New roles for the <i>GLUTAMATE RECEPTOR-LIKE 3.3, 3.5</i>, and <i>3.6</i> genes as on/off switches of wound-induced systemic electrical signals

2016-04-14T21:30:20Z (GMT) by Vicenta Salvador-Recatalà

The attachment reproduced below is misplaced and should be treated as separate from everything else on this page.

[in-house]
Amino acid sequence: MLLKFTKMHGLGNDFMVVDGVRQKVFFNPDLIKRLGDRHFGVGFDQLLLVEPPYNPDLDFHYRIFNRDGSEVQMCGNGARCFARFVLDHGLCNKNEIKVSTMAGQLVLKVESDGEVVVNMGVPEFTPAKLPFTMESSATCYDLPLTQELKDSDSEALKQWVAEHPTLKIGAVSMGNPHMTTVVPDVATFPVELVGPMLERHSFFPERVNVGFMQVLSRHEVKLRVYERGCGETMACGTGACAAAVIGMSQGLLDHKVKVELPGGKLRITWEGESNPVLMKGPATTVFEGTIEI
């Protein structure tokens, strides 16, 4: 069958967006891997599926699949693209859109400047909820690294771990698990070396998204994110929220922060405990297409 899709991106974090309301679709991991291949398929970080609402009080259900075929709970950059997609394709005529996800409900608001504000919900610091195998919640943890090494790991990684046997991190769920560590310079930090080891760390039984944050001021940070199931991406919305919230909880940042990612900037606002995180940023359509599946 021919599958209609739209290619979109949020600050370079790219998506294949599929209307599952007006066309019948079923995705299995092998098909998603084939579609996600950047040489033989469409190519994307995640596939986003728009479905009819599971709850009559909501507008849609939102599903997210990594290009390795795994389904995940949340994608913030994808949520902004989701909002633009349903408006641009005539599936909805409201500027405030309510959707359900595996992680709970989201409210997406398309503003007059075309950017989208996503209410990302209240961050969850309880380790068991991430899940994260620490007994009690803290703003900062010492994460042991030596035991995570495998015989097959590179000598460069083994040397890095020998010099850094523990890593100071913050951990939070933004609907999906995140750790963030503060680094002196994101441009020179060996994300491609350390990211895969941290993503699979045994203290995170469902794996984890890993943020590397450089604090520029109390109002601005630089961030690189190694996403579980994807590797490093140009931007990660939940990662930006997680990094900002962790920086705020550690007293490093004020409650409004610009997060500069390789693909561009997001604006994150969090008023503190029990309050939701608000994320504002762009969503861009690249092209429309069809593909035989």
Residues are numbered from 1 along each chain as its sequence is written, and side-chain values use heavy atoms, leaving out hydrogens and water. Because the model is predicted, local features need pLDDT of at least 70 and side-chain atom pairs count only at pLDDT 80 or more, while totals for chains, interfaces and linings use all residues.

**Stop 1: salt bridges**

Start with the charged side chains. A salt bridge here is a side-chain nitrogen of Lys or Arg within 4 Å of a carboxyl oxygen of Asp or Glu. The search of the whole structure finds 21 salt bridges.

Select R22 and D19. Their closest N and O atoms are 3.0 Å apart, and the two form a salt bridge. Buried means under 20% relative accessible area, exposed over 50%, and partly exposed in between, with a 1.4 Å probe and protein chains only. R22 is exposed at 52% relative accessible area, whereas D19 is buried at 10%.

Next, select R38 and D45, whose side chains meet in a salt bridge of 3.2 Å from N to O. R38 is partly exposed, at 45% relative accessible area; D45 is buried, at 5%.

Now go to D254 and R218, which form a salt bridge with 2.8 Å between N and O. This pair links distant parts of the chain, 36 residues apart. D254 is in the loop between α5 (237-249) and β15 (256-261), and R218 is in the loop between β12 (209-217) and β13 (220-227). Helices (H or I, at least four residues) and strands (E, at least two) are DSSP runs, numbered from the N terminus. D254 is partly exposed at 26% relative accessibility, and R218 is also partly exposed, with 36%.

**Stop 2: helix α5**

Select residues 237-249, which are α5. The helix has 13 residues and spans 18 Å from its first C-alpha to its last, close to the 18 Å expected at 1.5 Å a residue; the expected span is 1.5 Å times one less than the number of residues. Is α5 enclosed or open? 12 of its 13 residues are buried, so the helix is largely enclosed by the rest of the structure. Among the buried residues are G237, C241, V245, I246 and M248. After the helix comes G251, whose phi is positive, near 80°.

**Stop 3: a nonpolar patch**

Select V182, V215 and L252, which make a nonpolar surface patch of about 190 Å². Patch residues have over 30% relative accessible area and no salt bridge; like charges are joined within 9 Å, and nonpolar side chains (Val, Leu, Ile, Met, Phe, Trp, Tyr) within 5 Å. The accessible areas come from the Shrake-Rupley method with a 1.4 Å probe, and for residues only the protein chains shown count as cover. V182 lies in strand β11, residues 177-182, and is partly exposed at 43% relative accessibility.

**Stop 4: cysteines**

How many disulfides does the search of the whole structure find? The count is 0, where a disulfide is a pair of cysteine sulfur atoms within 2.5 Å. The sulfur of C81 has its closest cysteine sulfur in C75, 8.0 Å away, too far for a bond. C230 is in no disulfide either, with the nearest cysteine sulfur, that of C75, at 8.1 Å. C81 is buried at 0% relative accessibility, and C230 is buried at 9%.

<p>Wounding induces systemic potentials in <i>Arabidopsis thaliana</i> that can be abolished by concomitant suppression of the <i>GLUTAMATE RECEPTOR-LIKE GLR3.3</i> and <i>GLR3.6 g</i>enes. However, the roles of specific GLR channels to these potentials remain unclear. Here I applied the Electrical Penetration Graph (EPG) to study the contribution of three GLR channels to wound-induced, systemically propagated electrical potentials in <i>Arabidopsis thaliana</i>. In contrast to recordings made with conventional rigs for whole-plant electrophysiology, the EPG allows for the unambiguous distinction of the phloem-propagated action potential (AP) from the electrical activity outside of the phloem. The data reported here suggest that: (a) the transmission of wound-induced, phloem-propagated AP to neighbor leaves, requires expression of <i>GLR3.3</i> or <i>GLR3.6</i>, whereas <i>GLR3.5</i> prevents its transmission to non-neighbor leaves; (b) the generation of wound-induced electrical signals outside the phloem network depends on <i>GLR3.6</i> expression; and (c) wound-induced systemic potentials initiated in the shoot are transmitted to the root in the adult plant, which suggests a role for these electrical signals in coordinating the plant defenses in the shoot and in the root. Here, I propose a model for wound-induced systemic electrical signals at the molecular, cellular and anatomical level. In this model, <i>GLR3.3</i> and <i>GLR3.6</i> function as on switches for the propagation of wound-induced potentials beyond the wounded leaf, while <i>GLR3.5</i> functions as an off switch that prevents the propagation of wound-induced electrical potentials to distal, non-neighbor leaves.</p>